Exercise: plot the number of representations of n, dividing by 2 when n is divisible by 3, and unchanged when n is not divisible by 3, in different colors, twice, once with each color on top.


Let's consider the divisibility by 3.

How many primes are there less than N?  About $N/\log N$.

Now consider the primes (mod 3).

There's exactly one prime congruent to 0 (mod 3), namely 3.

Dirichlet proved that the remaining primes are distributed about equally into the other two residue classes..

Let's call the set of primes congruent to 1 (mod 6) $S_1$, and the set congruent to 5 (mod 6) $S_5$.

Notice that (with the exception of 2 and 3), all primes are either 1 or 5 (mod 6).

(Note that if we were considering divisibility by 5 instead we might have sets $S_1, S_3, S_7$ and $S_9$).

What can we say about even numbers that are sums of two primes?

If $n\equiv 0 (mod 3)$ then since $n$ is even, it is actually $0 (mod 6)$.

If $n\equiv 1 (mod 3)$ then $n\equiv 4 (mod 6)$.

If $n\equiv 2 (mod 3)$ then $n\equiv 2 (mod 6)$.

Now, considere how we can obtain $n$ as a sum of primes.

If $n \equiv 0 (mod \ 6)$, then if $n=p+q$, then one of $p,q$ is in $S_1$, and the other is in $S_5$.

If $n\equiv 2 (mod \ 6)$, then if $n=p+q$, both of $p,q$ are in $S_1$.

If $n \equiv 4 (mod \ 6)$ then if $n=p+p$, both of $p, q$ are in $S_5$.

What do we mean by a heuristic?  It's a reason to believe something is true, a plausible explanation for a mechanism for why something happens, as opposed to a formal proof that something is true.

Suppose that $|S_1|\simeq |S_5|=s$.

How many ordered pairs $(p,q)$ are there where $p\in S_1$ and $q\in S_5$?  About $s^2$.

How many ordered pairs $(p,q)$ are there where $p, q \in S_1$?  About $s^2$.

How many ordered pairs $(p,q)$ are there where $p, q \in S_5$?  About $s^2$.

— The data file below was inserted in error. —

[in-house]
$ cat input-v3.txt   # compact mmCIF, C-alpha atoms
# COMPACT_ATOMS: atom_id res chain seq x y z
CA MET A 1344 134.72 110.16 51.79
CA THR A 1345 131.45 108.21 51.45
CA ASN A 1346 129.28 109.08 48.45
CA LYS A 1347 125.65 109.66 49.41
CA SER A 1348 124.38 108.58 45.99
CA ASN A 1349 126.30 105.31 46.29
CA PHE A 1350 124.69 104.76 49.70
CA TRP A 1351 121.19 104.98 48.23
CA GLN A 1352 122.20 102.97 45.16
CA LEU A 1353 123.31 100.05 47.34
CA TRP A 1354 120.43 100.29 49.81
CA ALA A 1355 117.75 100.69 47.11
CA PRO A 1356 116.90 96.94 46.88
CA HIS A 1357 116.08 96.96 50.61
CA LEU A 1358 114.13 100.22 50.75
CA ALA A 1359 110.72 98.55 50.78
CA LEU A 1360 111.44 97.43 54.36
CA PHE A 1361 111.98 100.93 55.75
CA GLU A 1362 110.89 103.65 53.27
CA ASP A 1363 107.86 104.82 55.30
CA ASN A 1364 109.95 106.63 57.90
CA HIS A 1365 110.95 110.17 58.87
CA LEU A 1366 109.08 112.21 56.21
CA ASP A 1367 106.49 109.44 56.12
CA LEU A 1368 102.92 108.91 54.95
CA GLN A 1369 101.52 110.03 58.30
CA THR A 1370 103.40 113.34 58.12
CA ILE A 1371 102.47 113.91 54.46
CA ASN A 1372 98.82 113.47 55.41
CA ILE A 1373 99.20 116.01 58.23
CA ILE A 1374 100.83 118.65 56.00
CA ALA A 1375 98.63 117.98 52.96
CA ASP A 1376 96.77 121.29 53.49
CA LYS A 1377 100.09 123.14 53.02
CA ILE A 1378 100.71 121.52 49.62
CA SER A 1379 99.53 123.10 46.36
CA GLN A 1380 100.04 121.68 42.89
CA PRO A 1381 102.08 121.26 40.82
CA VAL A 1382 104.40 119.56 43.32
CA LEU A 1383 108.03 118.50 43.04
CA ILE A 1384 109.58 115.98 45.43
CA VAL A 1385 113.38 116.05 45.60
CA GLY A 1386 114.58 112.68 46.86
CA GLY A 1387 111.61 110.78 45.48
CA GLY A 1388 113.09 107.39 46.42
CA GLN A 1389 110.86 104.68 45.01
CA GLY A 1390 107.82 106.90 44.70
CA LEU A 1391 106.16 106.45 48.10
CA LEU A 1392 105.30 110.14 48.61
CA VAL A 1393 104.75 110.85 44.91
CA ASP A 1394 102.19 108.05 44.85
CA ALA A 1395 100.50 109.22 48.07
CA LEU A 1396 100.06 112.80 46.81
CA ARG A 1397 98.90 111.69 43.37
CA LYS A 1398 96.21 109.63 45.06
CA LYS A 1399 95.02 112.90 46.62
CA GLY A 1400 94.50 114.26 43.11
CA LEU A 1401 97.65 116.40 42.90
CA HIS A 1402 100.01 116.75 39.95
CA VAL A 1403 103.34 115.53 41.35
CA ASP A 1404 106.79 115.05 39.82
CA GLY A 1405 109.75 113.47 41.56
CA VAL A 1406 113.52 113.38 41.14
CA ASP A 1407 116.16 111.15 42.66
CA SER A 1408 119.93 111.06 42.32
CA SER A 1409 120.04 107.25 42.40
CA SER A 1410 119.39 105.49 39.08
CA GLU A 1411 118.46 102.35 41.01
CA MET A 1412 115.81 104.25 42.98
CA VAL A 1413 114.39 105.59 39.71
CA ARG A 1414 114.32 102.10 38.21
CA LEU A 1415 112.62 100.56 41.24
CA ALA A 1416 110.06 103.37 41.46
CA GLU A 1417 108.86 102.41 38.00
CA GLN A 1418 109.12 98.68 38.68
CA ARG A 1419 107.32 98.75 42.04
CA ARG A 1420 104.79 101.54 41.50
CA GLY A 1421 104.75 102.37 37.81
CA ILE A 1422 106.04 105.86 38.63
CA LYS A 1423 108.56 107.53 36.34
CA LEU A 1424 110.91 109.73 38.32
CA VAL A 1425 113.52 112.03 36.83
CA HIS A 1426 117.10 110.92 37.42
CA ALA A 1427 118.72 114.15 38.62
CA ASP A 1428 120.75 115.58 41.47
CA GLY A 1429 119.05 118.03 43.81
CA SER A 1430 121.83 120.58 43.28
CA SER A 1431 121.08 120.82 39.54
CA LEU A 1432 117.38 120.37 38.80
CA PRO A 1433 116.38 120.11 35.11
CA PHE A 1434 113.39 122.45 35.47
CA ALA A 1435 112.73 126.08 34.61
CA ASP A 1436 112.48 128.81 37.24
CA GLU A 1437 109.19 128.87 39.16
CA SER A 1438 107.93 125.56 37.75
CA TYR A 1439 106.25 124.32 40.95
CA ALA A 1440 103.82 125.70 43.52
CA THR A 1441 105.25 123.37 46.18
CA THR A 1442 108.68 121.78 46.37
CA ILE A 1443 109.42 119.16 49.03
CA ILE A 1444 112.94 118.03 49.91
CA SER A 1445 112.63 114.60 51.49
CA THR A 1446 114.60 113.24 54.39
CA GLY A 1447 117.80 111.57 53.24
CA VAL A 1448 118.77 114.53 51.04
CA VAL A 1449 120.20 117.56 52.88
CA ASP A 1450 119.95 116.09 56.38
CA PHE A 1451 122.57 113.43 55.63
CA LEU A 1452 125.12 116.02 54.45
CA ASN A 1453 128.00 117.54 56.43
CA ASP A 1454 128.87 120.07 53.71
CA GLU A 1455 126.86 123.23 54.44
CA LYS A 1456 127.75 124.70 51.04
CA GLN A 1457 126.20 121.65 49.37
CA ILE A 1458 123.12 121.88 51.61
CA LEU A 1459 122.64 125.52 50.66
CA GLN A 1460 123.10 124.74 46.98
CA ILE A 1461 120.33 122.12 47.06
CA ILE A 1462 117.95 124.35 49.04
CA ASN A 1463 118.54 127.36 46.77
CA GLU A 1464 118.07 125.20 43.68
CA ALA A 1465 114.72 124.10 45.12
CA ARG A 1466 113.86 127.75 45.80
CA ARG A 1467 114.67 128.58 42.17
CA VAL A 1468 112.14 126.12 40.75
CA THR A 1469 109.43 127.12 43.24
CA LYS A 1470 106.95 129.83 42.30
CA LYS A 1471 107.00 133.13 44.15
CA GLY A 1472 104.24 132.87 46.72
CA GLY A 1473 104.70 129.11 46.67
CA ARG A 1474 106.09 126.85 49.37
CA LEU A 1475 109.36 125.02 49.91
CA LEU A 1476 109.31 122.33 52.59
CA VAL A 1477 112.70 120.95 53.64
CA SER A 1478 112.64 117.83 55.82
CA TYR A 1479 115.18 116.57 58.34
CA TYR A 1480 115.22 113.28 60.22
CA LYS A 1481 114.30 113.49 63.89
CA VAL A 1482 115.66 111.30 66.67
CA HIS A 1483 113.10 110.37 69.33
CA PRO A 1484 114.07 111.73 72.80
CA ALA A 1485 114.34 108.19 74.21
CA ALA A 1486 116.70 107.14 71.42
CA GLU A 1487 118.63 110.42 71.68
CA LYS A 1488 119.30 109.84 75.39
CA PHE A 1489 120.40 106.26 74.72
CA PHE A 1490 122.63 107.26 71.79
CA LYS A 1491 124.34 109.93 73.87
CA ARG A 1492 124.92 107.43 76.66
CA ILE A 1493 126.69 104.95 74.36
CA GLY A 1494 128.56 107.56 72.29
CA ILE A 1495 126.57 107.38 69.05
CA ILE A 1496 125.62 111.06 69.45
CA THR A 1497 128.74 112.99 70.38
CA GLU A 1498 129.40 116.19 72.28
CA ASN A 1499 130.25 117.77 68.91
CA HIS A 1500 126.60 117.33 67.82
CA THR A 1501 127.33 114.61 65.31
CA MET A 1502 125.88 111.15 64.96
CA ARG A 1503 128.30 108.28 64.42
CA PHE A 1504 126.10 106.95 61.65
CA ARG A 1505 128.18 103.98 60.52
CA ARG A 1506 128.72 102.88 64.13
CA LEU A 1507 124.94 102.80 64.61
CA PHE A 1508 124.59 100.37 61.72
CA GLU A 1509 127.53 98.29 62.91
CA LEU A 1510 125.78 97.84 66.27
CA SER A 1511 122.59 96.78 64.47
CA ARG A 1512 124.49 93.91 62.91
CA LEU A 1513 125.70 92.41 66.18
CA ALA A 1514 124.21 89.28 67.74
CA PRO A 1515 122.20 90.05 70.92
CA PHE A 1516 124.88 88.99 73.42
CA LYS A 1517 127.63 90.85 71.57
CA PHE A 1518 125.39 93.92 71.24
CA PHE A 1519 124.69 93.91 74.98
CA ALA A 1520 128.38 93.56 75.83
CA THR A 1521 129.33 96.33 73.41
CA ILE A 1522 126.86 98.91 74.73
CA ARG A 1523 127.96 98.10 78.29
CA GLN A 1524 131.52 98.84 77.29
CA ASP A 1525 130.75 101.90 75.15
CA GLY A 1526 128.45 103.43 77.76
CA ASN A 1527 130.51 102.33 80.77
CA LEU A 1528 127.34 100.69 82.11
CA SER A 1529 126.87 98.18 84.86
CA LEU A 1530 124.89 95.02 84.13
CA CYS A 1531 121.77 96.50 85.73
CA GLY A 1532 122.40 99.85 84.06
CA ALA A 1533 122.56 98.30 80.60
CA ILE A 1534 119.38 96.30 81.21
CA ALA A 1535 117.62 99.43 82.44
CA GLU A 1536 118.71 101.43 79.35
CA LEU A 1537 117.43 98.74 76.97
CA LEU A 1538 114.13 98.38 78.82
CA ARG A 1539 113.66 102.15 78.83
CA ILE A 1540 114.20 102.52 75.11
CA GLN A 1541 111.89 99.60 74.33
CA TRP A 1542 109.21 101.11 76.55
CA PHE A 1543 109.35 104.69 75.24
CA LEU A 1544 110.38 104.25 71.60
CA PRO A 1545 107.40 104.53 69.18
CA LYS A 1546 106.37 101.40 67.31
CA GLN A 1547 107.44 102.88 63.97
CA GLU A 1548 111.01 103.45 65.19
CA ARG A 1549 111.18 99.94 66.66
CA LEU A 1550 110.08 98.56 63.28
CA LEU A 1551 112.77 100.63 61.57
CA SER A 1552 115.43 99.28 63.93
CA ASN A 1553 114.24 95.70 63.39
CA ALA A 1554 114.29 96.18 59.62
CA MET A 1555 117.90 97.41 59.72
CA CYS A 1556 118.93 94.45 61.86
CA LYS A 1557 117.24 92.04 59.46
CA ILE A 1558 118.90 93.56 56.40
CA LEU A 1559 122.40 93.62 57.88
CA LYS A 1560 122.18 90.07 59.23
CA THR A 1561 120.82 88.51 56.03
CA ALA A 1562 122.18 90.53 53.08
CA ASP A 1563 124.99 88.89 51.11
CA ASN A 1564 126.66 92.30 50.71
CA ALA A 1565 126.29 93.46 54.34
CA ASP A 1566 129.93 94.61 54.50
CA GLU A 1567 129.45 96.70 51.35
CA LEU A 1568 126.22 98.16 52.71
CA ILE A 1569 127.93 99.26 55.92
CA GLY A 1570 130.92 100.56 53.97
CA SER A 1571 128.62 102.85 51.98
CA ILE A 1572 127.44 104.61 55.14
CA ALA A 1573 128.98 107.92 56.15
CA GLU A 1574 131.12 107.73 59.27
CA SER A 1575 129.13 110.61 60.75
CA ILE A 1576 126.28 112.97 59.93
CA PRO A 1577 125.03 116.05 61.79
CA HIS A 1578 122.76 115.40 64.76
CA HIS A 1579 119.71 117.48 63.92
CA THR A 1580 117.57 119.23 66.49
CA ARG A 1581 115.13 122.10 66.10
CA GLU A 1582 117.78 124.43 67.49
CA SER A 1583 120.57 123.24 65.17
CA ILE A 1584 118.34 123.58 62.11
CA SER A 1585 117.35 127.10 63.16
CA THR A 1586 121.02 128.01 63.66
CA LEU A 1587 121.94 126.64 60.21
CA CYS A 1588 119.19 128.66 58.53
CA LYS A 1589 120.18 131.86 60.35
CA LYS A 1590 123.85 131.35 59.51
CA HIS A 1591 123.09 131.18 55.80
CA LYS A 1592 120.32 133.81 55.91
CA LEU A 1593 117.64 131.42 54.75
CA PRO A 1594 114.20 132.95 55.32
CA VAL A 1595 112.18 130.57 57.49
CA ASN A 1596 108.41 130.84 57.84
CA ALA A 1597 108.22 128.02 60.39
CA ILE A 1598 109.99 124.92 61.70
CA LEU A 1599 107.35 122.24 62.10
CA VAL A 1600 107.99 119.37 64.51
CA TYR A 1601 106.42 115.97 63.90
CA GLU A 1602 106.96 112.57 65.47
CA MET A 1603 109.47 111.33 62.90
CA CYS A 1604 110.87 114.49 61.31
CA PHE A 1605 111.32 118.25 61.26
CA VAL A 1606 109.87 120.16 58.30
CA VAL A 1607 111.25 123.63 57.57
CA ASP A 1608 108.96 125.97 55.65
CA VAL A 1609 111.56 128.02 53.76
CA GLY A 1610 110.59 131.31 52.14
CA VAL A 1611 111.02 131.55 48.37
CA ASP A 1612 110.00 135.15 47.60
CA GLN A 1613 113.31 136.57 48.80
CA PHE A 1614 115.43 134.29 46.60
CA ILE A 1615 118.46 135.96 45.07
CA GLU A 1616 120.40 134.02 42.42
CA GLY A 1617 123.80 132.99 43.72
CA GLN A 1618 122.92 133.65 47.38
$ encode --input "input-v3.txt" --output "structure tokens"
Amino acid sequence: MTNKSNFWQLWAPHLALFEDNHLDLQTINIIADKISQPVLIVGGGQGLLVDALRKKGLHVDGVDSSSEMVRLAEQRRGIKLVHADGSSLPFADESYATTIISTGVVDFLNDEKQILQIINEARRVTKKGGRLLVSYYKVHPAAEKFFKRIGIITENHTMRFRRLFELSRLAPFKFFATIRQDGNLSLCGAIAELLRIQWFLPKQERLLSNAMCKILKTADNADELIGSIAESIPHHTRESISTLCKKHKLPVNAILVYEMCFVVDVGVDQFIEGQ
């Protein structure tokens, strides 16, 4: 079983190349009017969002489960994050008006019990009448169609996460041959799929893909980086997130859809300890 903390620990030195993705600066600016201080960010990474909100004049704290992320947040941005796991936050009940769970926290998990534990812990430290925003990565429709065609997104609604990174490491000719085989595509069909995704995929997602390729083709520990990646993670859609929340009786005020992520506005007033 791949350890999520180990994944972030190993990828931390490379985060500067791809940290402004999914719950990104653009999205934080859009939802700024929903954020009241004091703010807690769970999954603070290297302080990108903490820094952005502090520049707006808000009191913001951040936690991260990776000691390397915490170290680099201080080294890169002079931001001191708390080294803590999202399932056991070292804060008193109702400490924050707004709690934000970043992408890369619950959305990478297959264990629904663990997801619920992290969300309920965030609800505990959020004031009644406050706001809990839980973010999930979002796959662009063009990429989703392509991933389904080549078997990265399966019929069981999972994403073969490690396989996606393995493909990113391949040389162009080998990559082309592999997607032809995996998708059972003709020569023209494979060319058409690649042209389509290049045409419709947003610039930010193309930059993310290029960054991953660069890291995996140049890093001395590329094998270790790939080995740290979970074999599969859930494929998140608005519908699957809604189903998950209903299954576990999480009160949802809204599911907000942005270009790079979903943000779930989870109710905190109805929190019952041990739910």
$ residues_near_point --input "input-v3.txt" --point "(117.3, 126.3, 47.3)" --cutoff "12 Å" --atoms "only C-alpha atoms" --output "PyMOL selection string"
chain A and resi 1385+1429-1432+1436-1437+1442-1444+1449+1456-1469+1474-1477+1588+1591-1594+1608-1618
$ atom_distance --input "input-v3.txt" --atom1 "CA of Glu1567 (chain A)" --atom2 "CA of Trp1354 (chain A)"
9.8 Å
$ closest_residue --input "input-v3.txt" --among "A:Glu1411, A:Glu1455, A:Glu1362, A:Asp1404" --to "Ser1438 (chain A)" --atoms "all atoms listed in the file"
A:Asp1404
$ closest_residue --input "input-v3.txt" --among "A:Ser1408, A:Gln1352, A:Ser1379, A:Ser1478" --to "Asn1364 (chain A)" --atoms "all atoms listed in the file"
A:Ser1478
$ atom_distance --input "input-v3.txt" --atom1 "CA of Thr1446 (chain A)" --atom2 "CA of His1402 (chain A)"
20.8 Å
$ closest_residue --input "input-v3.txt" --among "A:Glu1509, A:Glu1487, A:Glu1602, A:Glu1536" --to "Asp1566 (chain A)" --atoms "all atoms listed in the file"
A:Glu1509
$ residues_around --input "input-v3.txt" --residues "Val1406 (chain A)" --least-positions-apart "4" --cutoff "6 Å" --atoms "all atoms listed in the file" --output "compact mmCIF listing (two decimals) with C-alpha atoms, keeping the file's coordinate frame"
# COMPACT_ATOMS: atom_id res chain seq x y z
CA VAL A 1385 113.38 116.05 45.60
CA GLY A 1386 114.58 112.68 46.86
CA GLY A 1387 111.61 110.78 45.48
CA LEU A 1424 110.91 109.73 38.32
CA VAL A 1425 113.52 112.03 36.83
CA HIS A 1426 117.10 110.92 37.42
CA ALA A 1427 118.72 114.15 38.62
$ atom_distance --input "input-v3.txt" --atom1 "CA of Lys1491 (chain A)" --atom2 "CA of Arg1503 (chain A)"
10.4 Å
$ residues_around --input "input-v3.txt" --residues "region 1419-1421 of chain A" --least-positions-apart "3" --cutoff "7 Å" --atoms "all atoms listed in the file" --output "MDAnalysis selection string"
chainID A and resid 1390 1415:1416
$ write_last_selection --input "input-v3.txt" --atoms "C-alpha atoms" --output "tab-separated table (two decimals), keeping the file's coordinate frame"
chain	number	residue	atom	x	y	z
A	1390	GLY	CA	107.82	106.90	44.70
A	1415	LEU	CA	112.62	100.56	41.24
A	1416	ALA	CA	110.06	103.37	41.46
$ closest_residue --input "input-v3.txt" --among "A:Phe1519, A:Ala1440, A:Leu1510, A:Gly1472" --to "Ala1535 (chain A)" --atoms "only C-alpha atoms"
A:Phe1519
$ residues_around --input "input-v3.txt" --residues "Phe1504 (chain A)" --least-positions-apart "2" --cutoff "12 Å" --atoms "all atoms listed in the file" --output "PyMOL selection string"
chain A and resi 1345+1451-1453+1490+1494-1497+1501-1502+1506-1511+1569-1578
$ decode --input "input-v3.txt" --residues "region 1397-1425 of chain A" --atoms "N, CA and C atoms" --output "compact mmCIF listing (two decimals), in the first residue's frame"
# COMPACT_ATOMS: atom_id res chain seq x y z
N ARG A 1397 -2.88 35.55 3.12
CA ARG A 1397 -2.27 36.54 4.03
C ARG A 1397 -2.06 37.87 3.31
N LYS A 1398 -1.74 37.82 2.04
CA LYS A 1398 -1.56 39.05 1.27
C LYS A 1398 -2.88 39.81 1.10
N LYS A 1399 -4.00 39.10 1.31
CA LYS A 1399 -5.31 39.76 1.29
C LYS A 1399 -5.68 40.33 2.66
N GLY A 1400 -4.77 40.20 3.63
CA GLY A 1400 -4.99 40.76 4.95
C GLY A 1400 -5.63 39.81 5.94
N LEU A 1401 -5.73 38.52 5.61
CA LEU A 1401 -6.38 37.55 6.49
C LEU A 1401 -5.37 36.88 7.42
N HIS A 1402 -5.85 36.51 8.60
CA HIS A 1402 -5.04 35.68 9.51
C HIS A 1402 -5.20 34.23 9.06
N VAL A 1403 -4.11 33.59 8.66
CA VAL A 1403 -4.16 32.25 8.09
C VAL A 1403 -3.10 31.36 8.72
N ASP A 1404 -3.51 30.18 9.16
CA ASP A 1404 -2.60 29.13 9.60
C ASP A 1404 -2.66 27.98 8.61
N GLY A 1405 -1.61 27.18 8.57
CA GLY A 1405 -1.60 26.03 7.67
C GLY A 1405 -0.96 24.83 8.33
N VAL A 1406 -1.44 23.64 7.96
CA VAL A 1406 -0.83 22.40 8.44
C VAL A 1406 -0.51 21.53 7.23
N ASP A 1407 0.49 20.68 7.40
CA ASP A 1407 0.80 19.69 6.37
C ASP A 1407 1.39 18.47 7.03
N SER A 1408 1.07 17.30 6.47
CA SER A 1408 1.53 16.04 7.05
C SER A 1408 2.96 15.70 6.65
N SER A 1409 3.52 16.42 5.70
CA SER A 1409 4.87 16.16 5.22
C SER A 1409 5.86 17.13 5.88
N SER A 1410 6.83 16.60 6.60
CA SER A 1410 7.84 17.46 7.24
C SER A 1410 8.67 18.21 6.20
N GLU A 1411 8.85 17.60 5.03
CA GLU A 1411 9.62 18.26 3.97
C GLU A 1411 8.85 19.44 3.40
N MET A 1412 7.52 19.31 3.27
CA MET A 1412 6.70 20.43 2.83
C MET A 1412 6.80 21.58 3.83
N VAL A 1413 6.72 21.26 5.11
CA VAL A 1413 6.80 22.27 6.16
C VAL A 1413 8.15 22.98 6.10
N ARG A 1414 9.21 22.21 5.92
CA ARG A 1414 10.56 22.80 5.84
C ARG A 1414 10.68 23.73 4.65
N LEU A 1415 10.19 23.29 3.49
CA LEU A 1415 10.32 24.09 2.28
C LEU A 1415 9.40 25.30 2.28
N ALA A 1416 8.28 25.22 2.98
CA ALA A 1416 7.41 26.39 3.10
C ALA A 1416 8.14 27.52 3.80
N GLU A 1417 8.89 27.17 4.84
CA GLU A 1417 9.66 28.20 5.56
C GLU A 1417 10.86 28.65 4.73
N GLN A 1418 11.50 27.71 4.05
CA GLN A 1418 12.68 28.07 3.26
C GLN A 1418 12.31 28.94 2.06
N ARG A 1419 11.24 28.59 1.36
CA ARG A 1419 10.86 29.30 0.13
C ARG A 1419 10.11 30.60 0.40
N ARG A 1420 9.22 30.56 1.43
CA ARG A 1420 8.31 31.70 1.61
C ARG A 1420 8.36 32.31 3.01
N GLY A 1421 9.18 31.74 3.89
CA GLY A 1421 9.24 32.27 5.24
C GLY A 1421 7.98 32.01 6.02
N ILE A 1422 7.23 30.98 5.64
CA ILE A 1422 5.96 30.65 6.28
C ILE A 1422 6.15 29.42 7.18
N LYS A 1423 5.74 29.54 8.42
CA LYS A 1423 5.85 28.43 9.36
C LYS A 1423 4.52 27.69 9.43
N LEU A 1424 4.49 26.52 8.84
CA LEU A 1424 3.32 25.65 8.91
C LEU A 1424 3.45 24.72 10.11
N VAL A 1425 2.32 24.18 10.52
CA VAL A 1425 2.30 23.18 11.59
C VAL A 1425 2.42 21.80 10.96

Once we consider the ordering of the primes, we see that we get about $2s^2$ sums from $S_1 + S_5$,

but only $s^2$ from $S_1 +S_1$ and $s^2$ from $S_5 + S_5$.

Let's do an example: $S_1 = \{7, 13,19 \}$ and $S_5 = \{5, 11,17  \}$

$S_1+S_5 = \{7+5, 7+11, 7+17,  13 + 5, 13+11, 13+17, 19+5, 19+11, 19+17 \}$

and in our algorithm, each of these would get counted twice, once as 13+17, for example, and once as 17+13.

$S_1+S_1 = \{ 7+7, 7+13, 7+19, 13+7,13+13, 13+19, 19+7, 19+13, 19+19 \}$ but in this case, all of the sums have appeared in both orders!  

So all the representations of even numbers congruent to $0  (mod\ 6)$ add up to $2s^2$, whereas all the representations of even numbers congruent $2 (mod \ 6)$ add up to $s^2$, and the same is true for $4 (mod \ 6)$.

Can we extend this idea to divisibility by 5?

Modulo 10, we have even residue classes 0, 2, 4, 6, 8.

Our primes (except for 2 and 5) all fall in residue classes 1, 3, 7, 9 (mod 10).  Call these sets of primes

$S_1, S_3, S_7, S_9$.

How can we get 0 (mod 10) as a sum of two primes?  $S_1+S_9, S_3+S_7$.

How can we get 2 (mod 10) as a sum of two primes? $S_1+S_1, S_2+S_9$.

How can we get 4 (mod 10) as a sum of two primes? $S_1+S_3, S_7+S_7$.

How can we get 6 (mod 10) as a sum of two primes? $S_3+S_3, S_7+S_9$.

How can we get 8 (mod 10) as a sum of two primes? $S_1+S_7, S_9+S_9$.

Just as with mod 3, when we add two distinct sets of size $s$, we get $2s^2$ representations, but when we add  a set of size $s$ to itself, we get $s^2$ representations.  

So, for 0 (mod 10), we get $4s^2$ representations, and for all the others, we get $3s^2$ representations: in other words, we get 4/3 times as many representations for even numbers divisible by 5, on average, than we do for numbers not divisible by 5.

Can we unify things, and calculate a correction factor for all odd primes?   Note that $2=(3-1)/(3-2)$ and $4/3=(5-1)/(5-2)$.  Can we show that the correction factor for a prime $p$ is $(p-1)/(p-2)$.

If we work modulo $p$, we have $p-1$ residue classes (mod $2p$) which contain infinitely many primes.  By Dirichlet's theorem they will all be about the same size.  Note that there is no class $S_p$.

We get 0 (mod $2p$) by adding $S_i +S_{2p-i}$: these are distinct classes.  There are $(p-1)/2$ choices for $i$.

We get every other residue class in two different ways: one as the sum of a class and itself, the other ways as sums of two distinct classes.  There are $(p-1)/2-1=(p-3)/2$ ways to do this as a sum of two distinct classes.

So, when divisible by $p$, we get $(p-1)2s^2/2=(p-1)s^2$ representations.

When not divisible by $p$, we get $(p-3)2s^2/2+s^2=(p-2)s^2$.

Thus, on average, we get $(p-1)/(p-2)$ times as many representations for numbers divisible by $p$ as we do for numbers not divisible by $p$.

We will build a function $HL(n)$ which contains the correction factor for each prime dividing $n$.  We'll call this the Hardy-Littlewood correction factor.  It will be defined by 

\[  HL(n) = \prod_{p|n} \frac{p-1}{p-2}  \]

where the product is over all odd primes $p$ dividing $n$.